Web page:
And finally, I am so grateful to have met and continue to meet all the incredible cancer survivors whose cancer journey intersected with my own.  Our true strength is in our solidarity, our empathy and in our commitment to helping each other heal.  I honor you for your amazing resilience and determination to surmount all that I know you have endured.  You are my role models and fellow travelers and I am so thankful for the opportunity to be here with each of you.

To all of these amazing people, thank you for your enthusiasm, compassion and thank you for the gift of your friendship.  I am forever grateful to you all.  Having all of you in my life has cemented my philosophy and that of WWGN about positivity and survivorship.  I don’t believe positivity means that everything from now on will be AOK and I’ll never have to wrestle with cancer again.  I know bad things can happen.  But what I learned from this experience is that there are people in my corner who support me every step of the way.  Because of those people, I know I can face whatever may come next on my cancer journey, because I am truly not alone.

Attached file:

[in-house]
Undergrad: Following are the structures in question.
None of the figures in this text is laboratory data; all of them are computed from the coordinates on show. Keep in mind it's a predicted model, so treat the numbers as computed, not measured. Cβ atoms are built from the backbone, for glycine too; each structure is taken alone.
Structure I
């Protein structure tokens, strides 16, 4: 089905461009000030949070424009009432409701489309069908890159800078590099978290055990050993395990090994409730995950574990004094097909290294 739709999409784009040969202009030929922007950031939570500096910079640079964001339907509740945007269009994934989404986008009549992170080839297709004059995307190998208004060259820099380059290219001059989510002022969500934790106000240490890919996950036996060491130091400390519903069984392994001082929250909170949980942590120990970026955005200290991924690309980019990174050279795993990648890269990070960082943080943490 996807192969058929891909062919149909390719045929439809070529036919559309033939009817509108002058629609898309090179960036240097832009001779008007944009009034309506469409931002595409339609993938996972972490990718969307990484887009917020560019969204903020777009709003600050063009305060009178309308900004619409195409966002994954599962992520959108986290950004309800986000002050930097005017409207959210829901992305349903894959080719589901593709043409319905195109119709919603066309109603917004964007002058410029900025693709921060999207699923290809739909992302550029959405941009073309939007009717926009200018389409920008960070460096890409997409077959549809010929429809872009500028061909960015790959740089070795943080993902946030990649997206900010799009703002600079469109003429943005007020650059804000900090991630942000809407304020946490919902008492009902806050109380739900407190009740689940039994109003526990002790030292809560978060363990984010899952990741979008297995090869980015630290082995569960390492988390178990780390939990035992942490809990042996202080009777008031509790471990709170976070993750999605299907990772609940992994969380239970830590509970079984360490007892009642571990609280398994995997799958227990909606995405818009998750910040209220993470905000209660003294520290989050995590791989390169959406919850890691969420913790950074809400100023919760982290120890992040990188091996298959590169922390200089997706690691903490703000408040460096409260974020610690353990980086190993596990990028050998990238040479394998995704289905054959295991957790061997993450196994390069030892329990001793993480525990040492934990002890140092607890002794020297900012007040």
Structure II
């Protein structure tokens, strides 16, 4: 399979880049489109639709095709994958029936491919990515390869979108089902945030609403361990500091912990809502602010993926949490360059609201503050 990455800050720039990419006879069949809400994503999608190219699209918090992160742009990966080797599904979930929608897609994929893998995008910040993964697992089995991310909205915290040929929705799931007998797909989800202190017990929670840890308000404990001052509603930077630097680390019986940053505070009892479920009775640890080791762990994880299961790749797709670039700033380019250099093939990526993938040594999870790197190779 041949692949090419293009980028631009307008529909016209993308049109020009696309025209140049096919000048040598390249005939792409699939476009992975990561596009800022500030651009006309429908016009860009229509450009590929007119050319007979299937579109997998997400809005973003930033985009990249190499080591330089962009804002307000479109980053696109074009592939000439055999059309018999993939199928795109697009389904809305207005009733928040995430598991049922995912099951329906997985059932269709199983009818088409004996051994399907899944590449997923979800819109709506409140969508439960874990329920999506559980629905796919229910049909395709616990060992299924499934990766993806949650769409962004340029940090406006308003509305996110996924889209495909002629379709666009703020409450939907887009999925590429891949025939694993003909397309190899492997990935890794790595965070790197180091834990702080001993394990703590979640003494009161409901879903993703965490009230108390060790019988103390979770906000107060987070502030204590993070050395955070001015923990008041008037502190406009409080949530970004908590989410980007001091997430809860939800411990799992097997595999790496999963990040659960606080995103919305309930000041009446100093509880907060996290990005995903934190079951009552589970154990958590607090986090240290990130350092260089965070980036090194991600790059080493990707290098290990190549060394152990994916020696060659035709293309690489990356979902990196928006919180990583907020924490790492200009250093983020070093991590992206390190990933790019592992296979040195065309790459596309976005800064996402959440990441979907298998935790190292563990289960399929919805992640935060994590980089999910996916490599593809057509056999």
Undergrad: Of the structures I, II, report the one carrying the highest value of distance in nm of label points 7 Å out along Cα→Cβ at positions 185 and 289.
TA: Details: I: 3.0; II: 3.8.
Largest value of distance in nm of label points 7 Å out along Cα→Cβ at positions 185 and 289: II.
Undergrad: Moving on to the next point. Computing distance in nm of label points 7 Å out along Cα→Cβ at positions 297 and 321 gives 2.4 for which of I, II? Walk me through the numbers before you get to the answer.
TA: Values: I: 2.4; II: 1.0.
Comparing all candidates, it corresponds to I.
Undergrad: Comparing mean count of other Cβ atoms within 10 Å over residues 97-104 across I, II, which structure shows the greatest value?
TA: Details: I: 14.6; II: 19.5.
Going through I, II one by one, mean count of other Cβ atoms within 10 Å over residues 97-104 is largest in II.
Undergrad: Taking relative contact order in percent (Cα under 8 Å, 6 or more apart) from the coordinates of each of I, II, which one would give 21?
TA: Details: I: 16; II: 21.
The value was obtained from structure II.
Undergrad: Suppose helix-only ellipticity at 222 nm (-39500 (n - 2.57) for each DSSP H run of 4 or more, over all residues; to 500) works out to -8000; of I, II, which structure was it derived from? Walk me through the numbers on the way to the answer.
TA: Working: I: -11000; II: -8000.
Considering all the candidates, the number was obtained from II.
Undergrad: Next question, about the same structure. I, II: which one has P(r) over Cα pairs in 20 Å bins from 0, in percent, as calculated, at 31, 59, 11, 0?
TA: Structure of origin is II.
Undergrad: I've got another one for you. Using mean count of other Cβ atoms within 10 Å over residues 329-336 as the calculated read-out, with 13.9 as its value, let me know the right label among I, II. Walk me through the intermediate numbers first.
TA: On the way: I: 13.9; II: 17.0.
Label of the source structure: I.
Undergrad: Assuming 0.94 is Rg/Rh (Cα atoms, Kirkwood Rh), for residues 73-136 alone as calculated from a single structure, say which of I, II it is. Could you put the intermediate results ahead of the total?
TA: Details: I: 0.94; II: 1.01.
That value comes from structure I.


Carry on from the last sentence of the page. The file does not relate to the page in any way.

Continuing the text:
Now I have to share one more story:  Just the other day I was volunteering with Sarah Mandel at a Lobby Day table in the cancer center.  A woman walked up who was obviously upset and began talking to Sarah.  I walked away to give them privacy, but, after a few minutes, Sarah called me back.  She introduced me to the woman as a fellow breast cancer survivor.  She introduced the woman and explained that she had been diagnosed just six weeks ago and her double mastectomy and TRAM flap were scheduled the next morning.   The woman looked at me, with tears in her eyes, and I told her, first things first, we need a hug.  She cried on my shoulder.  We then talked about the surgery and what to expect, but mostly I talked about how it gets better – because here I am today healthy and happy.  Other women came over and supported her and, before we separated, we gave her our phone numbers.  She thanked us for talking with her and said it helped her feel better.